Last Monday, we talked about a trend we’re seeing on Ning; admissions offices creating Ning Networks for their admitted students to connect with each other before arriving on campus. Today we’re posting the final interview we’ve completed with a Network Creators of one of these Ning Networks. Up today, we chat with Charles Klein of Humboldt State University.
Charles Klein is the university web manager at Humboldt State University. He set up a Ning Network for Humboldt State University’s class of 2013 — it’s centennial class. With the school already extending its presence to Twitter, Facebook and MySpace, setting up a Ning Network was the logical next step in extending their social media presence.
Here’s what Charles had to say about setting up a Ning Network.
How are students using the network to connect differently than past years?
In the past, the only means incoming students had to meet one another was during one of the mandatory orientation sessions over the summer. This was fine since students had time to connect, though the goal of these events is to orient them to the campus and register for their classes. The network has proven more beneficial on a number of levels. Students have more time to interact and get to know each other in a low pressure environment. The network was setup in February, which was before the application deadline and the housing deadline.
This year we had undecided students whose decision was based completely their experience with the network and the people they met. We also had a large number of students meet and decide to become roommates in the residence halls. A nice anecdote — one student contacted our counselors and told them that he was deciding between HSU and Sonoma State, and the network pushed him over to choose HSU. Then he met two other guys on the network who lived in the L.A. area near him, they met up IRL, decided to be roommates, contacted housing to assign them to a triple, etc. This anecdote proves the value of the network not only for enrolling new students, but these three students are far more likely to stay at HSU after their freshmen year — retention is a difficulty we have because of our remote location, and the more connections these students have when they arrive (or before), the better.
Have you seen any particular events or interactions that have really surprised you?
I think my greatest surprise was the civility of the network, and the respectfulness students show one another. We opted to keep the network as hands-off as possible, and let them start their own groups/forums/blogs, etc. The “on task” nature of the network has survived, students realize that it’s setup and run by the University and use it to talk about the Univ. We knew that a social network would be a success for this generation of students, but were surprised by just how popular it has been. The students discuss their personal feelings about moving and coming to a place that is, in many cases, several states away from their homes. I’m surprised by the collegial atmosphere, considering these are high school students venturing out on their own for the first time.
What feedback have you heard from students about the social network?
The anecdote in my first response is just one of many. We’ve also heard from parents who are relieved that their student will know not just one other person when they arrive here, but many. Incidentally, because of the feedback from the parents, we’re planning on starting a new network just for parents and families to use…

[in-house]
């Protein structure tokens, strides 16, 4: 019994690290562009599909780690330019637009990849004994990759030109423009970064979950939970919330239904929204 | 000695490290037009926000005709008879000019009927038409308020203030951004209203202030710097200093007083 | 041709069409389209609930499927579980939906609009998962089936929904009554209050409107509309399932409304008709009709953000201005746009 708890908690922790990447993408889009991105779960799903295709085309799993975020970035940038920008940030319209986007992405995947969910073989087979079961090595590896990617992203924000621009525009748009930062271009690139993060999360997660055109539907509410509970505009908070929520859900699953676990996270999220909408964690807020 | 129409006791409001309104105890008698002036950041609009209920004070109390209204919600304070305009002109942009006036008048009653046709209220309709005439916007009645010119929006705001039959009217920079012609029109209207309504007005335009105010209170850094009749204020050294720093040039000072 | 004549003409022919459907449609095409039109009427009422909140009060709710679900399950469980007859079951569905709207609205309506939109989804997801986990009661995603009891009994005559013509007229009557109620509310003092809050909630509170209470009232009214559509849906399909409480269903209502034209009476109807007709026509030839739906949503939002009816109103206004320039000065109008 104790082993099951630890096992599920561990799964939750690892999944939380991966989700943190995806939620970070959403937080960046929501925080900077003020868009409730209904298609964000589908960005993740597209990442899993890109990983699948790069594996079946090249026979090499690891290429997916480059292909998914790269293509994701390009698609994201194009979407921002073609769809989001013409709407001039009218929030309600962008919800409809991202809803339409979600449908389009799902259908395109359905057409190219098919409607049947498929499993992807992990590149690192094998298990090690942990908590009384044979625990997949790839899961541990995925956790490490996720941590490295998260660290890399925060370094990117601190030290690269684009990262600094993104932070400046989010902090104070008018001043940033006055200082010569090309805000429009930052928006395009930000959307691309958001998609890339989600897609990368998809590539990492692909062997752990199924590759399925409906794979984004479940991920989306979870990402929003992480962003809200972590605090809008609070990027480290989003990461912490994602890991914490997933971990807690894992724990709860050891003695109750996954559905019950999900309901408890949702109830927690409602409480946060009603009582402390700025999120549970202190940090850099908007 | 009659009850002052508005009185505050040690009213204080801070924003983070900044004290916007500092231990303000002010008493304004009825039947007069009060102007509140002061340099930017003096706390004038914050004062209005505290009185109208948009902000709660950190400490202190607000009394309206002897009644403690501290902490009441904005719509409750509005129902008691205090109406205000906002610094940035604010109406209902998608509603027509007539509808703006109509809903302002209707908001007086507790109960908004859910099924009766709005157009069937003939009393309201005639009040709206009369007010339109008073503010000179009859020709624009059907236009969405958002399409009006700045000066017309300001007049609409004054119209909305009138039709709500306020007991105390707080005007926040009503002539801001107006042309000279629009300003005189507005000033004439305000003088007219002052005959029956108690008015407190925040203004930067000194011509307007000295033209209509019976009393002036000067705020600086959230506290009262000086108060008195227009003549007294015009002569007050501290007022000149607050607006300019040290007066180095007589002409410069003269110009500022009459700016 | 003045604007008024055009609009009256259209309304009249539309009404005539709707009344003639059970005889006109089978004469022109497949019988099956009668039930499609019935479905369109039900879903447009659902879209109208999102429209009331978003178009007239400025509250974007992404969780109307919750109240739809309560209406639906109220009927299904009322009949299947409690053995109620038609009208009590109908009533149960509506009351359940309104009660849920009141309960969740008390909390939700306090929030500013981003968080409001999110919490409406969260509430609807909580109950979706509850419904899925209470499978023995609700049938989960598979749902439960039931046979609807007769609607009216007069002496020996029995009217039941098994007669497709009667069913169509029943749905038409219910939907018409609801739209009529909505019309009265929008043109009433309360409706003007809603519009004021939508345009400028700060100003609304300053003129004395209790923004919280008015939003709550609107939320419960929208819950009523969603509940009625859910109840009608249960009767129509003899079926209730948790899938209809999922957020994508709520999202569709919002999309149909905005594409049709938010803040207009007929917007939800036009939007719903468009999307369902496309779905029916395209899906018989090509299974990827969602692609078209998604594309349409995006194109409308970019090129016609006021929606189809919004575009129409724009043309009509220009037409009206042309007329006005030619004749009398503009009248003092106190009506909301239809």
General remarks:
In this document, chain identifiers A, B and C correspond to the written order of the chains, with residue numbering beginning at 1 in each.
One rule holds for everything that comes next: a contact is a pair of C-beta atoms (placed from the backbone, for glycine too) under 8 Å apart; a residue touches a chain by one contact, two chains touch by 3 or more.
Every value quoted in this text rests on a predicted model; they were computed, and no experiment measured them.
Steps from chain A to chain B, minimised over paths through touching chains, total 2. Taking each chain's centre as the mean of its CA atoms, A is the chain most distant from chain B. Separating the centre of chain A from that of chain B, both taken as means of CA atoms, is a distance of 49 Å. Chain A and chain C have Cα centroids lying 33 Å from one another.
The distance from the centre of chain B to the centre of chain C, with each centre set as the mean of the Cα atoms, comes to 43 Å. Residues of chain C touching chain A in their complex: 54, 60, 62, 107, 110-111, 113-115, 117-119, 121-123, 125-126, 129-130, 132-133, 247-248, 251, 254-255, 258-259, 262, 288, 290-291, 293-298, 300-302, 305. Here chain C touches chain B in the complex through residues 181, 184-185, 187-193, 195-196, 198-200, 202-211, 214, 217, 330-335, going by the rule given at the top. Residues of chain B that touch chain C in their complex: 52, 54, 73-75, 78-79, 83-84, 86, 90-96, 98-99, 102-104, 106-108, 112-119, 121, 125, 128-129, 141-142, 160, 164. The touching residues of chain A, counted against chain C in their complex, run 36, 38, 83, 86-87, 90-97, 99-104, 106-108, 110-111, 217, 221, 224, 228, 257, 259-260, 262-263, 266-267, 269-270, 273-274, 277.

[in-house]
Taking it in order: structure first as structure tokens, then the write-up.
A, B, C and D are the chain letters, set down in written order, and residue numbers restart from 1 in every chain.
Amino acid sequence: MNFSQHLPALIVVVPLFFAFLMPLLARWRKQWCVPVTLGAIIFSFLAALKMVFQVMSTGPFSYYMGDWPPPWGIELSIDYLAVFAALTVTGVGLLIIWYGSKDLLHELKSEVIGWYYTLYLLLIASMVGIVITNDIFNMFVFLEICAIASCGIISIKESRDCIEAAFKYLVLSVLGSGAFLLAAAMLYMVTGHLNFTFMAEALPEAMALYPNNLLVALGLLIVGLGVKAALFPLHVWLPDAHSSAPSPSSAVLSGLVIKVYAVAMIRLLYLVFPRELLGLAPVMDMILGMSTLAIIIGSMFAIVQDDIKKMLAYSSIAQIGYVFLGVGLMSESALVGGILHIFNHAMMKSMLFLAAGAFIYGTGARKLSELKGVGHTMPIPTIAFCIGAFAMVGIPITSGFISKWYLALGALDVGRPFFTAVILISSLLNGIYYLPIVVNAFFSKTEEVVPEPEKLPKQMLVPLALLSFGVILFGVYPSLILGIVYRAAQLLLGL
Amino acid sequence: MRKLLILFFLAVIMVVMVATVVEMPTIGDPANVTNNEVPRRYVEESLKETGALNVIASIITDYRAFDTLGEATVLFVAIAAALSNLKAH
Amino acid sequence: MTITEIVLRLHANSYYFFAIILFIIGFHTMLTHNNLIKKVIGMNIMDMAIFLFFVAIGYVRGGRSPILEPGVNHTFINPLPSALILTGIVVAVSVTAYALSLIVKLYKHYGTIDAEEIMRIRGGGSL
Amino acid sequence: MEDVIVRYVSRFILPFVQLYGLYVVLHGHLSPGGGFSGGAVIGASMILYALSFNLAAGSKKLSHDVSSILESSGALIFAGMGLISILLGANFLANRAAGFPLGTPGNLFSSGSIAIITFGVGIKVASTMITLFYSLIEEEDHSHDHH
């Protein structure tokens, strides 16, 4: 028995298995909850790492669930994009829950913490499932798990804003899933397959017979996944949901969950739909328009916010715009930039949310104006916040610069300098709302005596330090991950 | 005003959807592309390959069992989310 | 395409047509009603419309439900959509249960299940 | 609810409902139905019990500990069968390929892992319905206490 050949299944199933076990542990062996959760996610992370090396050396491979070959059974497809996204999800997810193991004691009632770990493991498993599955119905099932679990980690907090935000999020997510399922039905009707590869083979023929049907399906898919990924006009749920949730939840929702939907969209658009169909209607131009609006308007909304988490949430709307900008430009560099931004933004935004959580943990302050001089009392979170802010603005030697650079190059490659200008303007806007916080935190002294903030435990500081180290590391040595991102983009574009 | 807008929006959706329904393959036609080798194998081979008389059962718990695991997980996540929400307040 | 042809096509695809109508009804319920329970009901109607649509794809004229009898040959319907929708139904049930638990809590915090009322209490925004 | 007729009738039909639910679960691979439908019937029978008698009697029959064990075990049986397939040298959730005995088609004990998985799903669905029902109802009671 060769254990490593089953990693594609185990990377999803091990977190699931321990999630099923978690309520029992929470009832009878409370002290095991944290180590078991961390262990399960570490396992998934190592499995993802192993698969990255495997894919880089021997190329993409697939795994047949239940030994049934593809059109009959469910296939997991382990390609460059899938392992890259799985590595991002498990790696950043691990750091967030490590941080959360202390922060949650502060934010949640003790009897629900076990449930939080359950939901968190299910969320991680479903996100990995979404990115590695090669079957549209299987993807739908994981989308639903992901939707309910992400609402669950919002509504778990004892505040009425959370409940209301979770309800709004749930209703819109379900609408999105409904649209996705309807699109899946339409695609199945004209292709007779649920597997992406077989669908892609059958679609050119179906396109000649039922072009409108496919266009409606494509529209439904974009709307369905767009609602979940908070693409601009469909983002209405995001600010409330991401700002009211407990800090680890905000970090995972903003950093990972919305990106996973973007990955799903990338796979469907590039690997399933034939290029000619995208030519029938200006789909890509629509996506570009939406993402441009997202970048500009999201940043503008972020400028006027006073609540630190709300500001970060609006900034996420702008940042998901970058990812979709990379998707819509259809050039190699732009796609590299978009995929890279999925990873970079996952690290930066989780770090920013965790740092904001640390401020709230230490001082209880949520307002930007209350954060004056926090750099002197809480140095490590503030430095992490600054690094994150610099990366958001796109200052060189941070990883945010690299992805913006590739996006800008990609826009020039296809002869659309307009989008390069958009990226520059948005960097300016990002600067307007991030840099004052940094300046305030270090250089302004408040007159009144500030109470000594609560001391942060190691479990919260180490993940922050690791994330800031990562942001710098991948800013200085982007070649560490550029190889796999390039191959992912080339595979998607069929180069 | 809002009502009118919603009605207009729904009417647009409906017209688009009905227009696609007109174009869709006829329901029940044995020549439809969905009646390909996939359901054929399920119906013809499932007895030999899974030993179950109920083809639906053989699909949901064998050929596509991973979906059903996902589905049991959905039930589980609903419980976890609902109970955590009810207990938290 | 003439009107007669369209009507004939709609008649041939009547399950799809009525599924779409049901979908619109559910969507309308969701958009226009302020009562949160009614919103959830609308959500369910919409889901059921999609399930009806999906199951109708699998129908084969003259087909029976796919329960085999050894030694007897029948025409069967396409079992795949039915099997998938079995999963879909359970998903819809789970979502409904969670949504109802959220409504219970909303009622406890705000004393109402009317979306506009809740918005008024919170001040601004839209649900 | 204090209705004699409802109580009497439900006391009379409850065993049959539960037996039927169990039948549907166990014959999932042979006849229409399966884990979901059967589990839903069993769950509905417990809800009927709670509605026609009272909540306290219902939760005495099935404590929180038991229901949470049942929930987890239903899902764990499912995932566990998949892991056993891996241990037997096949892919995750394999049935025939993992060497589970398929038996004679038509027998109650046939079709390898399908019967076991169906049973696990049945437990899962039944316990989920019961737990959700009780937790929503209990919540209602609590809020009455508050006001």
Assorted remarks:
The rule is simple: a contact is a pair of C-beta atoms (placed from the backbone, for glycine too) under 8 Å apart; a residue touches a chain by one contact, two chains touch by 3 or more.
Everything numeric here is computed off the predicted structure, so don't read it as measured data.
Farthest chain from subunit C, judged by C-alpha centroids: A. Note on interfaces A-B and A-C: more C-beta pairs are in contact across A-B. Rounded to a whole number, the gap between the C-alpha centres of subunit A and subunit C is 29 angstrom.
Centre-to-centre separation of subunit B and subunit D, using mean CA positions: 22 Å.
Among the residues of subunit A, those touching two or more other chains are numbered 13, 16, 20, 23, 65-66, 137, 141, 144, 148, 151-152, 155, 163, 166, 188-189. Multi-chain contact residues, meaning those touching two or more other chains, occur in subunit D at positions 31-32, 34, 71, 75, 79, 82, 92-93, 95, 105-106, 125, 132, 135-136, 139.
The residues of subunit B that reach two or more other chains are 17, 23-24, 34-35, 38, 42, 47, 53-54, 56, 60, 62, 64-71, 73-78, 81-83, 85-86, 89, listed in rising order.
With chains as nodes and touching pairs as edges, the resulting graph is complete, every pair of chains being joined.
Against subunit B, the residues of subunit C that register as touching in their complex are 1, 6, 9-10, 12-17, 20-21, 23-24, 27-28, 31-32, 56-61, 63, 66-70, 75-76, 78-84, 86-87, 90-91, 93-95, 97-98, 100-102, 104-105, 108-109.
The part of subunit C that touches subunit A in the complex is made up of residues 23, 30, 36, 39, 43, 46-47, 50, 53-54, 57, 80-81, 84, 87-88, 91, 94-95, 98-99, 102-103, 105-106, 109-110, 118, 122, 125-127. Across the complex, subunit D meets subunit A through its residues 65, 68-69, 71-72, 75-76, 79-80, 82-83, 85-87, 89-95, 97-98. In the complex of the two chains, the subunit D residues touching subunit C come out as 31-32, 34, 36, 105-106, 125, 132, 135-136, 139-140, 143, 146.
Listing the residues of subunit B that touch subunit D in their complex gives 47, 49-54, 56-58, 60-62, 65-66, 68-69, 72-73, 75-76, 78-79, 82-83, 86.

What features are your members using?
We allow free-reign over groups, forums, chat, blogs and their profiles. We chose not to allow photos and music. Our staff uses RSS feeds and Notes in the right hand column to show news, events, our Flickr feed, and upcoming deadlines.
Is the network open to parents, professors or current students? If so, how are they interacting?
This network is only open to the incoming freshman class, though they’ll have access to it for their time at Humboldt State. We think introducing profs or parents, or even current students who are in a different maturity space, would dilute their experience at this point.
What have you learned about the class of 2013 from running HSU Class of 2013?
Research shows that these students are technologically savvy, and they definitely fit that description. They easily figured their way through the interface to use the features, with no explanation from us. They also proved to be thoughtful about their decision to go to college, and concerned about academic quality, institutional reputation, financial aid, housing, etc — things that we assumed parents only wanted to know. They had great discussions with each other about these topics, and it was enlightening and refreshing.
What are you or the staff getting out of the experience?
I think the most important take away for our staff, especially the Admissions counsellors, has been the value of keeping their hands off the process. Our goal in creating the network was to increase our yield of admitted students who actually come to campus. This is a passive and highly successful way of accomplishing that task, without bombarding them with e-mails, brochures, post cards, etc. Most of the staff was open to letting it run itself, and after a few weeks the others came to appreciate the importance as well.
Do you think this is influencing your accepted students’ decisions to attend Humboldt?
Absolutely. Aside from the dozen or so anecdotes, we also have our admitted students complete a survey during their orientation. This year we’ve included the Ning network in our list of things that affected their decision to attend so that we can track and get statistical evidence to reinforce the anecdotal.